“Show me the money!” These famous words from the 1996 movie Jerry Maguire quickly became part of the lexicon of pop culture. When people say, “Show me the money,” either want to know how much they will be paid for doing something, or they want to see why something is valuable enough to pay top dollar for it.
Today’s taste of Torah broadly deals with the subject of material provision and material giving. However it’s not a matter of “Show me the money,” it’s a matter of “Show me your heart!” The passage is Leviticus 27:30, and 34. It reads: 30 “Every tenth of the land’s produce, grain from the soil or fruit from the trees, belongs to the Lord; it is holy to the Lord. 34 These are the commands the Lord gave Moses for the Israelites on Mount Sinai.
Here’s the big-picture context: In the previous chapter, Leviticus 26, there’s a listing of the blessings and curses associated with Israel’s obedience and disobedience toward the requirements of the Mosaic covenant. These were God’s vows to His people in the sense of clearing stating up front His promises both positively and negatively.
In Leviticus 27 the focus is on the vows that God’s people were to honor as part of their covenantal relationship with the LORD. It deals with the specifics of what human faithfulness in this historical setting needed to look like. And what we see in this closing section of Leviticus is that all that the land produced, whether seeds or fruit; one tenth was reserved for the LORD (v. 30). God gave these commands, along with many others, to the Israelites through Moses at Mount Sinai (v. 34) so that they would dwell at peace with Him in the Land. In this theocratic agrarian culture and society, giving back to the LORD ten percent of one’s harvest was intended to be an expression of consecration. It was intended to be a worshipful recognition and designation of what rightfully belonged to Him. In fact, there were actually three tithes associated with the Mosaic Law. Ten percent was given to the Levites to maintain the Temple worship (Num. 18:21-24; Deut. 14:27). Ten percent of the remaining ninety percent was to be donated to maintain the festivals and sacrifices of the LORD (Deut. 12:5-7, 10-19; 14:22-26). And ten percent was collected every third year for the poor (Deut. 14:28-29). So the total actual tithe under the Law was not ten percent but closer to twenty three percent.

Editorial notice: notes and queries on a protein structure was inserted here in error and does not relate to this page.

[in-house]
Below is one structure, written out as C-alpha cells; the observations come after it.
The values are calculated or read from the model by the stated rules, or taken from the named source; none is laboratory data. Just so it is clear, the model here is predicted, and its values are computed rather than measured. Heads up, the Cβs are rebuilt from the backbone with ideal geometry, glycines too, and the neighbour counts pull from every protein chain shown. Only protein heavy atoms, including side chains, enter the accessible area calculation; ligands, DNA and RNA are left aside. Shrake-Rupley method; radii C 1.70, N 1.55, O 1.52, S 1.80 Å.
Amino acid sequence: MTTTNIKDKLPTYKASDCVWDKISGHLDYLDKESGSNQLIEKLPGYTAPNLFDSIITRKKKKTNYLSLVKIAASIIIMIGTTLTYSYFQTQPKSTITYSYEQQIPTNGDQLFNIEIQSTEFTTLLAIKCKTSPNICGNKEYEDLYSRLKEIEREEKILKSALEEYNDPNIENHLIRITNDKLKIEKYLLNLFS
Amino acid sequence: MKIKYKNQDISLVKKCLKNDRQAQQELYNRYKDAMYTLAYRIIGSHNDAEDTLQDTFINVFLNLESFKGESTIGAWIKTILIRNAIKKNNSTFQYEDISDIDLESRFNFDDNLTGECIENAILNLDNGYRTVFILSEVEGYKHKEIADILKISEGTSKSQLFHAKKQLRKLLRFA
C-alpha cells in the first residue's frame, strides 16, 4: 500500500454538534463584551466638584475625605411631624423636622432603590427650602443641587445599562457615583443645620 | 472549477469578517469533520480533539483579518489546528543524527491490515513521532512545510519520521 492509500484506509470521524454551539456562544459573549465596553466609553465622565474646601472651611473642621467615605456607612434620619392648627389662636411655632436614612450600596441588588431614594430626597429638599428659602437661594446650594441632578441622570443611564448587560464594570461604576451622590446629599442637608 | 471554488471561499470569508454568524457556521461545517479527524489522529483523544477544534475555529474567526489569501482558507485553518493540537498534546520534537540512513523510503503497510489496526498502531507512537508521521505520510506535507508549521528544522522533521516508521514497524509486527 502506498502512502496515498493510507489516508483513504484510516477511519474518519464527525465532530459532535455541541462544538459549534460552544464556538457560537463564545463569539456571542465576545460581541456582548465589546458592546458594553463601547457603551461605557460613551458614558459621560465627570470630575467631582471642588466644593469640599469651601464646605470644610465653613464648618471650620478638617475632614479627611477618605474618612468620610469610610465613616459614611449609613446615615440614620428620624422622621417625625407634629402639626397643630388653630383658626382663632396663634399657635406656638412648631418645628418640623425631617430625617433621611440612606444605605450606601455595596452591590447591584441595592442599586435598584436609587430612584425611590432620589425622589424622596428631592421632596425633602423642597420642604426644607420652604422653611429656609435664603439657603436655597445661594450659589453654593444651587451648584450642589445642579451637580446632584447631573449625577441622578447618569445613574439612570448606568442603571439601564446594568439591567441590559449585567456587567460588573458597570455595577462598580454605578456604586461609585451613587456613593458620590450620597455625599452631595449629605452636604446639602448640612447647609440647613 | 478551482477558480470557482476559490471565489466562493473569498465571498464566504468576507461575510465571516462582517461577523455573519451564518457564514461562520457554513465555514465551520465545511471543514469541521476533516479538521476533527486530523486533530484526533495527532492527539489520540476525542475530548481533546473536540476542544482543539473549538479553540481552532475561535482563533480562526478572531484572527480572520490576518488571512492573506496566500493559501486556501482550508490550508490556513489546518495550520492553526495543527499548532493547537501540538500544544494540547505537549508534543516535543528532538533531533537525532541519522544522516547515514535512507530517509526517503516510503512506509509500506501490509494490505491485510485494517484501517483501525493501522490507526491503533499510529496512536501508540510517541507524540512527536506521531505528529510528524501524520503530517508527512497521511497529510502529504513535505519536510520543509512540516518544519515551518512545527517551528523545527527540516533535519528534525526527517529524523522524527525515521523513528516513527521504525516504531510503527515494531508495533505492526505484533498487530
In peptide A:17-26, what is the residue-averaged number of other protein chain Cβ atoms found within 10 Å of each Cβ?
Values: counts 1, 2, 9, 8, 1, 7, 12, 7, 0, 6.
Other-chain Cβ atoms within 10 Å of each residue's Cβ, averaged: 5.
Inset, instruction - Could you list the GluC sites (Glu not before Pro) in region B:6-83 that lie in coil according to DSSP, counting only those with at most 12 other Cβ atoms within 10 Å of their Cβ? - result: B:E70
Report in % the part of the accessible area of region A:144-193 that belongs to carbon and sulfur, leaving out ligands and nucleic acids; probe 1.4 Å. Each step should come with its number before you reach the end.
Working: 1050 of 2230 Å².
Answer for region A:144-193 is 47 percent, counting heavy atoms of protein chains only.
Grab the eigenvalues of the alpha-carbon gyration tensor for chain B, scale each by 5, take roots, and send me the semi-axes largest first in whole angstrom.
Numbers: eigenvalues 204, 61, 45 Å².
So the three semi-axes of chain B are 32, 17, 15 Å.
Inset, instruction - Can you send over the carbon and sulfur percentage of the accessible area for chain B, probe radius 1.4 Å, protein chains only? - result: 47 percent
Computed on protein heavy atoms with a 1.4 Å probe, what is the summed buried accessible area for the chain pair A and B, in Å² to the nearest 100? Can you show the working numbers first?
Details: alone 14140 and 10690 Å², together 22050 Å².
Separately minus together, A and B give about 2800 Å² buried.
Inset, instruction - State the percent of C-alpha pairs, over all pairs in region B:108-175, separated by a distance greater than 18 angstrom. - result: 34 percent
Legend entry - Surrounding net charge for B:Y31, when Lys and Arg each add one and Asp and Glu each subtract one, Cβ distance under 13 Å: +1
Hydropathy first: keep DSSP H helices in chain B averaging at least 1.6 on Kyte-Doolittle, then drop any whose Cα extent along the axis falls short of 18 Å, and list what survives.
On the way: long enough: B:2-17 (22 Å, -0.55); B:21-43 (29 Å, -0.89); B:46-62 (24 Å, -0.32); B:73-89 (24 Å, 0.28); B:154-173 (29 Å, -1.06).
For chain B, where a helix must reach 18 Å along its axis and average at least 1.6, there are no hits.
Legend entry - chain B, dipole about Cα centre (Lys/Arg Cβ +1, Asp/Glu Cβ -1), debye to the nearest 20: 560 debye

Today however, God has given very different directions to guide the giving of believers living under the New Covenant (cf. 1 Cor. 16; 2 Cor 8—9; Phil. 4). He has not specified a percentage that His people must give. He wants us to give joyfully, sacrificially, and proportionately to the degree He has materially blessed us. Teaching believers to give as God instructed the Israelites living under the Old Covenant often has the effect of decreasing giving instead of increasing giving! Many believers erroneously think that when they have given 10 percent they have satisfied God by fulfilling their obligation. But such thinking reflects an underlying desire for a spirituality and mode of worship that can be numerically quantified and micromanaged. This is why we gravitate towards rules rather than relationship.
The truth of the matter is God owns all things. He is the creator, sustainer, and giver of everything. And so when we give, we’re simply returning a portion of that which already belongs to Him anyway. For the believer, giving is reflective of one’s love for God (cf. Matt. 6:19-21), and it’s an expression of one’s faith in God (cf. Jam. 2:15-17). This is why it’s not about, “Show me the money.” It’s about, “Show me your heart!”